House Republicans are ready to make an eleventh-hour deal to stop the nation from falling over the fiscal cliff, senior Texas Rep. Pete Sessions assured Newsmax in an exclusive interview.
"I would let the public know that the Republicans will come back quickly next week. We are ready to do business," Sessions, Chairman of National Republican Congressional Committee, said Friday.
He said Republicans quashed House Speaker John Boehner’s "Plan B" to extend Bush-era tax cuts for all but those with incomes over $1 million because of concerns about whether President Barack Obama would accept it or try to add to it.
"A group of members felt like it was unwise to move forward on a plan that the president would veto," he said.
"Members are very much concerned. We want to make sure we pass a bill that does not hurt the economy further."
He said Republicans believe that under Obama’s solution to the fiscal cliff, the nation stands to lose 700,000 jobs and see businesses be hit with new taxes, putting undue pressure on the economy.
"What I would suggest to people is that the president is the person who during his reelection said ‘I will work on a bipartisan basis,' " Sessions said.
While some critics have said the rejection of Boehner’s plan by House Republicans points to a GOP in disarray, Sessions strongly disagrees.
"I would call this a good team exercise for John Boehner," he said.
"I’m a member of the Republican leadership and I have known and do know each of these members personally. We will stand together and work together. The president has only himself to argue with."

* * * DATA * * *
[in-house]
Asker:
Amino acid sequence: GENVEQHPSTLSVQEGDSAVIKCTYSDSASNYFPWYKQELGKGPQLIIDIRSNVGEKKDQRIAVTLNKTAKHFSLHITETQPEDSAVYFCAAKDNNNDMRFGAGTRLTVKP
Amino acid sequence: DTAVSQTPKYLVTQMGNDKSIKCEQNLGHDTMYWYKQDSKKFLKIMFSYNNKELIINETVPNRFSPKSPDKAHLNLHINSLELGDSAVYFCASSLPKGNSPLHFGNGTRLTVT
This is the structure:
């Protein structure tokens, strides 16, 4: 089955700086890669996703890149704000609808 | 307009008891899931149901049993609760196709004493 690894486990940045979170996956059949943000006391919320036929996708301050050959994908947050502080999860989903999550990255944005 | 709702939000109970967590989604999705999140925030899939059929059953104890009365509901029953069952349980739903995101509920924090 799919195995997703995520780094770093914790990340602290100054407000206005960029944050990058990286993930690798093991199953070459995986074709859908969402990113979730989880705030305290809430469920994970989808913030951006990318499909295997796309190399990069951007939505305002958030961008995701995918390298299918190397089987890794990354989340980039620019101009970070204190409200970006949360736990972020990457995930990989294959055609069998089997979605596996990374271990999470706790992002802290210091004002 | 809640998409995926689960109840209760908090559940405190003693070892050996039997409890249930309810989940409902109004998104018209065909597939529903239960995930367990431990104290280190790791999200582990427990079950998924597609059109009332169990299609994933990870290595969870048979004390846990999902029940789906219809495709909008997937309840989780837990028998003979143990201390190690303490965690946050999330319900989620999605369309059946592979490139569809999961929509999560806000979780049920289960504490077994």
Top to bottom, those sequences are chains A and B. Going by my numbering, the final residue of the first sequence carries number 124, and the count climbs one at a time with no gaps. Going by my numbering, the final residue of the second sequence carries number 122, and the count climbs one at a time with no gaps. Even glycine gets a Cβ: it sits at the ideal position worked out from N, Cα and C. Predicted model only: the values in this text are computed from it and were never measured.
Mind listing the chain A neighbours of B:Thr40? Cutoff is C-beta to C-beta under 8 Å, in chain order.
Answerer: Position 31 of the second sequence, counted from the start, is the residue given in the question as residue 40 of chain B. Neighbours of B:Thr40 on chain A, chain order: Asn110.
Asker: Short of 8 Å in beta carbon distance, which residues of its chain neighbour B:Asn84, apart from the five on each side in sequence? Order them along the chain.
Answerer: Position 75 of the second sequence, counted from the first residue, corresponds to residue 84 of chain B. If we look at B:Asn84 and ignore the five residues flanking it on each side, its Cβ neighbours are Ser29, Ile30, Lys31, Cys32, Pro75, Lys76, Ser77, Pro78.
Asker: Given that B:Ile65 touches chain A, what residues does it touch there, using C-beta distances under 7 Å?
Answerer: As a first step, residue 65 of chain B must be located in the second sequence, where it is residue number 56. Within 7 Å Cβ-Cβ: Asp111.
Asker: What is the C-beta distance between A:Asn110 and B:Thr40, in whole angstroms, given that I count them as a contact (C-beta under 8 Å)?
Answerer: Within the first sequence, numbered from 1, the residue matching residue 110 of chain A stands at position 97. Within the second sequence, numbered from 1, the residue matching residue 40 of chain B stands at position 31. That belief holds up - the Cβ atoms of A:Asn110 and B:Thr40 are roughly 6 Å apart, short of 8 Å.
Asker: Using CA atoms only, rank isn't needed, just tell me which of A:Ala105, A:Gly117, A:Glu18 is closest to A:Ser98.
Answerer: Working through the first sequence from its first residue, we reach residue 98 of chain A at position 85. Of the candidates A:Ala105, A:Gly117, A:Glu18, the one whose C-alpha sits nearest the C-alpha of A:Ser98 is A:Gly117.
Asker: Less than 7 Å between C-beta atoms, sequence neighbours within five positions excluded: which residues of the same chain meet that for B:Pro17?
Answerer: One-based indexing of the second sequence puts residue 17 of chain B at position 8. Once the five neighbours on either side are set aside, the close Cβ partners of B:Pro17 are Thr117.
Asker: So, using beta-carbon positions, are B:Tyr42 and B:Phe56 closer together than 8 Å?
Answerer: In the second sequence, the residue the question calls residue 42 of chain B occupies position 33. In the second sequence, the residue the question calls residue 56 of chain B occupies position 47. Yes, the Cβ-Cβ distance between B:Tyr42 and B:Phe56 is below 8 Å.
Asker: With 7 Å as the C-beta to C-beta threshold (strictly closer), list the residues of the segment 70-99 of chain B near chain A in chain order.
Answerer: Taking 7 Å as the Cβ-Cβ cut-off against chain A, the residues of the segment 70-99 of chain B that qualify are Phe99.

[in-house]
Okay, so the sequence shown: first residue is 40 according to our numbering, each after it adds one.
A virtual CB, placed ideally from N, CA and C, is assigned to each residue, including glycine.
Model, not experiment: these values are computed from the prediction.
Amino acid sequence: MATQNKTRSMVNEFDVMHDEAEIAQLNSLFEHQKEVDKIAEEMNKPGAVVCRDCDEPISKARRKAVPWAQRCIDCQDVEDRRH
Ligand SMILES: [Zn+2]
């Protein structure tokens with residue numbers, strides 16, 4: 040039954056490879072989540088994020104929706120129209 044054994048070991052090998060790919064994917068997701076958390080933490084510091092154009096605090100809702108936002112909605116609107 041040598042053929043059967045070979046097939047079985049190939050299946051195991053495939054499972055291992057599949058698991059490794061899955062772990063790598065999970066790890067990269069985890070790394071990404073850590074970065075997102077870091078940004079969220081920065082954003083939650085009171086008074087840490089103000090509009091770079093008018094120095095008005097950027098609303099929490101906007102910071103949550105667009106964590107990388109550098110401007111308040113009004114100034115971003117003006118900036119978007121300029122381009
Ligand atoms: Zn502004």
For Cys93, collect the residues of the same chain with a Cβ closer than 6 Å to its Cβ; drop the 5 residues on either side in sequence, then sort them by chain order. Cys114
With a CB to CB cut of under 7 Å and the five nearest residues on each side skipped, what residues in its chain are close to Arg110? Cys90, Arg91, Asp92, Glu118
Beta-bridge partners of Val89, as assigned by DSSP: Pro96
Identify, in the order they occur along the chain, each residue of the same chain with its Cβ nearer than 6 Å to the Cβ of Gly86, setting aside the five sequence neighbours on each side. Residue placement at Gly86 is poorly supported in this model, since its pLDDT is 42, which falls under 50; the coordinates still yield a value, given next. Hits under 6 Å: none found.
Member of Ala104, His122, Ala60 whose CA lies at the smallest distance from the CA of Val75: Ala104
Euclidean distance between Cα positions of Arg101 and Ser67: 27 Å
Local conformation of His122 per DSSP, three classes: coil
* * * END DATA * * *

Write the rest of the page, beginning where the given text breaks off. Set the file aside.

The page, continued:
There have been rumors that Obama and Boehner may try to hammer out yet another alternative plan in secret over the Christmas holiday — before Congress returns to the negotiating table next week. But Sessions discounts that scuttlebutt.
"I don’t believe there have been or there will be any secret meetings Both sides recognize that would not be productive," Sessions said.
He said another issue figuring into the fiscal cliff talks is the huge expenses Americans are about to be hit with when Obama’s health-care initiative becomes law on Jan. 1.
"We know that Obamacare taxation is going to kick in by law and that will mean a massive tax increase," Sessions said. "We believe we should digest those first."
Sessions has said House Republicans could accept higher tax rates on the wealthy if those increases were paired with cuts to entitlement programs.
"If it’s a good deal, yes," he told Bloomberg Television’s "Political Capital with Al Hunt," last week.
"If it does something long term that betters the circumstances."
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